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Old 12-29-2014, 02:26 PM
Location: Florida -
8,767 posts, read 10,859,665 times
Reputation: 16640


One of my grandsons said he thought that he would attempt to go into business on his own. I was thinking about a few of the business I had attempted to start over the years, ... thinking, this will allow me to retire early and wealthy. Fortunately, I kept my 'day job' and was ultimately able to retire comfortably and early from that. A few of these 'other time/effort/financial investment areas included:

1). Oil Painting and Frame Importing --- Great prices on an unusual product, but, inadequate follow-through on the marketing and distribution angle. Gradually phased-out of inventory w/no major loss.
2). Video Pong Games -- Fortunately the lenders had more sense than I did, preventing me from expanding at a huge debt-creating level. -- Sold machines and moved-on
3). Weekly Buy/Sell Magazine --- Established distribution in over 200 convenience stores, but, profits did not justify the time/cost/effort to produce, manage and distribute the publication. -- Sold equipment and gradually phased-out the magazine.
4). Commercial Fishing --- Had a fleet of 4-5 boats, while maintaining day-job of selling computers for IBM. -- Not enough profit to switch to fishing, or hours in the day to sustain the fleet ... plus, too difficult to keep fishermen sober-enough to profitably fish and take care of equipment.
5). Stock Market Day-Trader --- Discovered that my emotional psyche was not well-suited to huge swings in options and daily stock movement. - Gained from experience, but, lost a significant, but, limited amount.
6). Bible Study Publication (Bible-at-a-Glance) -- Achieved distribution in multiple chains of Christian bookstores. -- Sold many 'Study Tools', but, ultimately wound-up giving away an over-production to various study groups. Broke even -- Still have/using many of these tools.
7). Bible Teacher/Preacher --- Spent almost 30-years in 'street and church ministry', often preaching/teaching 4-5 times per week. --- Never took any financial compensation from the ministry, ... but, the experience and benefits were priceless. (Still active, but, not at the same pace).

What type of significant businesses and activities did you engage in over the years ... How did they work-out -- and did any last until/beyond your retirement?
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Old 12-29-2014, 03:21 PM
Location: WA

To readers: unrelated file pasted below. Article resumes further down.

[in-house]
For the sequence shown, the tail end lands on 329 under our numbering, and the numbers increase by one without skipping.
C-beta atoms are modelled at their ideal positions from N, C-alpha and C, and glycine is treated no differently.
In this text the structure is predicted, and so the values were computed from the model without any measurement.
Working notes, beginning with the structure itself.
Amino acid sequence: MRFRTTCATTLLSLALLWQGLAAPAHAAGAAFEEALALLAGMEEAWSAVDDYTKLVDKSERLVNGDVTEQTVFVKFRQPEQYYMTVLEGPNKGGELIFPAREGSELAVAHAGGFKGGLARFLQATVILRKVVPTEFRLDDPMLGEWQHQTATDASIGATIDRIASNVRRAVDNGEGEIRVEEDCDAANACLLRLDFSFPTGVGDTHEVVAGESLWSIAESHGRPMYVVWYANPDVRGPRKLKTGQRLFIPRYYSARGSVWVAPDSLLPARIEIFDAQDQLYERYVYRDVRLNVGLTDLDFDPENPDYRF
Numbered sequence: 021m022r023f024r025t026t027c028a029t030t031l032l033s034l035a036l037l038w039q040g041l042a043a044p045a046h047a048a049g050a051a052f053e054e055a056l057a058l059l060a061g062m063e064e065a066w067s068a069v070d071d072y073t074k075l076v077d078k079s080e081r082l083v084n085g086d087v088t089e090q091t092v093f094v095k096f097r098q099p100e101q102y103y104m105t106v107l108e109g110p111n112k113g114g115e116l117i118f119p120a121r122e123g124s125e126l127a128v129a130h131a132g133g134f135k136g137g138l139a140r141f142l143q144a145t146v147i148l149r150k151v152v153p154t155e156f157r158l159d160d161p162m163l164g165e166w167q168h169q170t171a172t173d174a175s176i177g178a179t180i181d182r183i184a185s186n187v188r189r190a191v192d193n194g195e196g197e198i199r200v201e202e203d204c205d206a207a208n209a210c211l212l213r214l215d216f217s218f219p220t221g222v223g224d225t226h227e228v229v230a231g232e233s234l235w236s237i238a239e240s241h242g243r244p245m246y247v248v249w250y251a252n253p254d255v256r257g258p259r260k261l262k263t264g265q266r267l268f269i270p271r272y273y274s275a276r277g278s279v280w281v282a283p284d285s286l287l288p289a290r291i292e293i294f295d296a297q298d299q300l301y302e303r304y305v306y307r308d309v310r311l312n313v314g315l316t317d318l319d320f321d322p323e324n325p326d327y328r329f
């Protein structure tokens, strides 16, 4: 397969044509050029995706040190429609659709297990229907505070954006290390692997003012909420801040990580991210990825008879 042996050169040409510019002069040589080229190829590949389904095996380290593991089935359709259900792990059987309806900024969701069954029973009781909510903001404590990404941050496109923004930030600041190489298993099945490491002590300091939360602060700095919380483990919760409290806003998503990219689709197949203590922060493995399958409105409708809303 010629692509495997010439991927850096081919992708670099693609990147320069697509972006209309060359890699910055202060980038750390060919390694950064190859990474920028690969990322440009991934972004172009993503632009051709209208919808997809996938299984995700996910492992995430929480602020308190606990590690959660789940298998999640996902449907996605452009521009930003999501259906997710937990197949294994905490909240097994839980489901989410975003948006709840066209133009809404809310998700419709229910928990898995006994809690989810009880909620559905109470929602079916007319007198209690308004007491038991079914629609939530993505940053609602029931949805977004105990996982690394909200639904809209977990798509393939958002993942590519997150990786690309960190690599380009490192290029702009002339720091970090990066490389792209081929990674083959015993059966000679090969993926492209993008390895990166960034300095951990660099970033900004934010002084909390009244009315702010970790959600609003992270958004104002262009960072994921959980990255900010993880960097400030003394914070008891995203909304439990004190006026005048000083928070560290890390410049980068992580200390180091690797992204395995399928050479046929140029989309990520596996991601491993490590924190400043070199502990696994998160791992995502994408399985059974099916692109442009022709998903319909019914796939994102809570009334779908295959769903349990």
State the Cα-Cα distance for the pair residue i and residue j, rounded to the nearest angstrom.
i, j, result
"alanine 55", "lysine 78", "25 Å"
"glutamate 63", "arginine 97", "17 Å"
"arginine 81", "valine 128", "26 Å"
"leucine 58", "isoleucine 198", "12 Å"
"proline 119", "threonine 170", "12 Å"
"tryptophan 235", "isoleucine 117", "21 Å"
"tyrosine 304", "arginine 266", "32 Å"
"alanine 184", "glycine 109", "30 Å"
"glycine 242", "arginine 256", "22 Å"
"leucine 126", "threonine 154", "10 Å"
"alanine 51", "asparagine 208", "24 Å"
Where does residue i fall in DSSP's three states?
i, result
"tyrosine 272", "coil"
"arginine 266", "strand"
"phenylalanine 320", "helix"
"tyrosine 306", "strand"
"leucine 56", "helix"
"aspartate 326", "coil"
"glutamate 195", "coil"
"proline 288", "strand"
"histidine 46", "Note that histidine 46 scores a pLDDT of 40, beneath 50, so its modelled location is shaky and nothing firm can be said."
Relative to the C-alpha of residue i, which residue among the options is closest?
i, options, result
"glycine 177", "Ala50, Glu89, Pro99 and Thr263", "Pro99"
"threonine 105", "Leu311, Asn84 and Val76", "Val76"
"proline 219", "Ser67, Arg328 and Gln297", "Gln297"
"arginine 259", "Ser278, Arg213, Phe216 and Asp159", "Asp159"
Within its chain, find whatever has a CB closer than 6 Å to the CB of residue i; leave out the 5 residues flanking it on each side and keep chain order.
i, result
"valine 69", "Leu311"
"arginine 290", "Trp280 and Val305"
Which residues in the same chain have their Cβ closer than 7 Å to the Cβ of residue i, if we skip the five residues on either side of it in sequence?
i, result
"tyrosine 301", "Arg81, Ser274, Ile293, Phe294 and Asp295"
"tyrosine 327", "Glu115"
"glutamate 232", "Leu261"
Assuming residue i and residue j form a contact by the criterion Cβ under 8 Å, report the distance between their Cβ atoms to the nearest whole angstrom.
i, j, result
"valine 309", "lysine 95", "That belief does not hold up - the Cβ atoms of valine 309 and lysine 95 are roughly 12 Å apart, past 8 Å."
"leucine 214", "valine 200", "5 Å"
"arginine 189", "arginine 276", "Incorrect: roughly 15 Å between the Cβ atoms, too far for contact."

5,398 posts, read 21,412,400 times
Reputation: 5903
As a young man I started a IT service bureau with a partner. After a couple of very good contracts it became clear we were very good at programming and operations but simply not good at running a business. Without capitalization and complete business skills we decided after a year or so to ramp down and go to work elsewhere.
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Old 12-30-2014, 06:21 AM
Location: in the miseries
3,302 posts, read 3,583,976 times
Reputation: 3810
Running a small construction business. It worked out to be very successful
Not a huge one, but kept us busy. Actually TOO busy.

Business ran 24/7 for 25 years.
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Old 12-30-2014, 09:03 AM
Location: East of Seattle since 1992, originally from SF Bay Area
29,854 posts, read 54,552,867 times
Reputation: 31223
I had a graphics/sign/engraving business for 16 years, and was able to comfortably raise 3 kids from the income. With 1-4 employees there were busy times when I worked 12 hours a day, others when I was able to go home at 2:00. Eventually I became specialized in commercial real estate, parking management and developer work, so when the recession came my customer base pretty much dried up and I took a good job in 2009. I was still young enough at the time that I'll be able to get a pension. Meanwhile I still do some work "on the side" and pull in an extra thousand or so a month from 2-3 good customers.
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Old 12-30-2014, 12:16 PM
Location: Near a river
16,042 posts, read 18,994,426 times
Reputation: 15649
All the years of working FT or nearly FT, I had and still have a business as a professional editor and book/publications designer/producer. This was made possible by the digital age. I had been trained as a graphic designer pre-computers, and never would have been able to do this stuff without the digital technology. (I do—not fondly—remember the days of sending out text to be typeset, and doing paste-up on a drawing board, lol, what a nightmare.) Though my client base isn't what it used to be, by choice, I can do this work from home and it served me well when my mobility was highly impaired.
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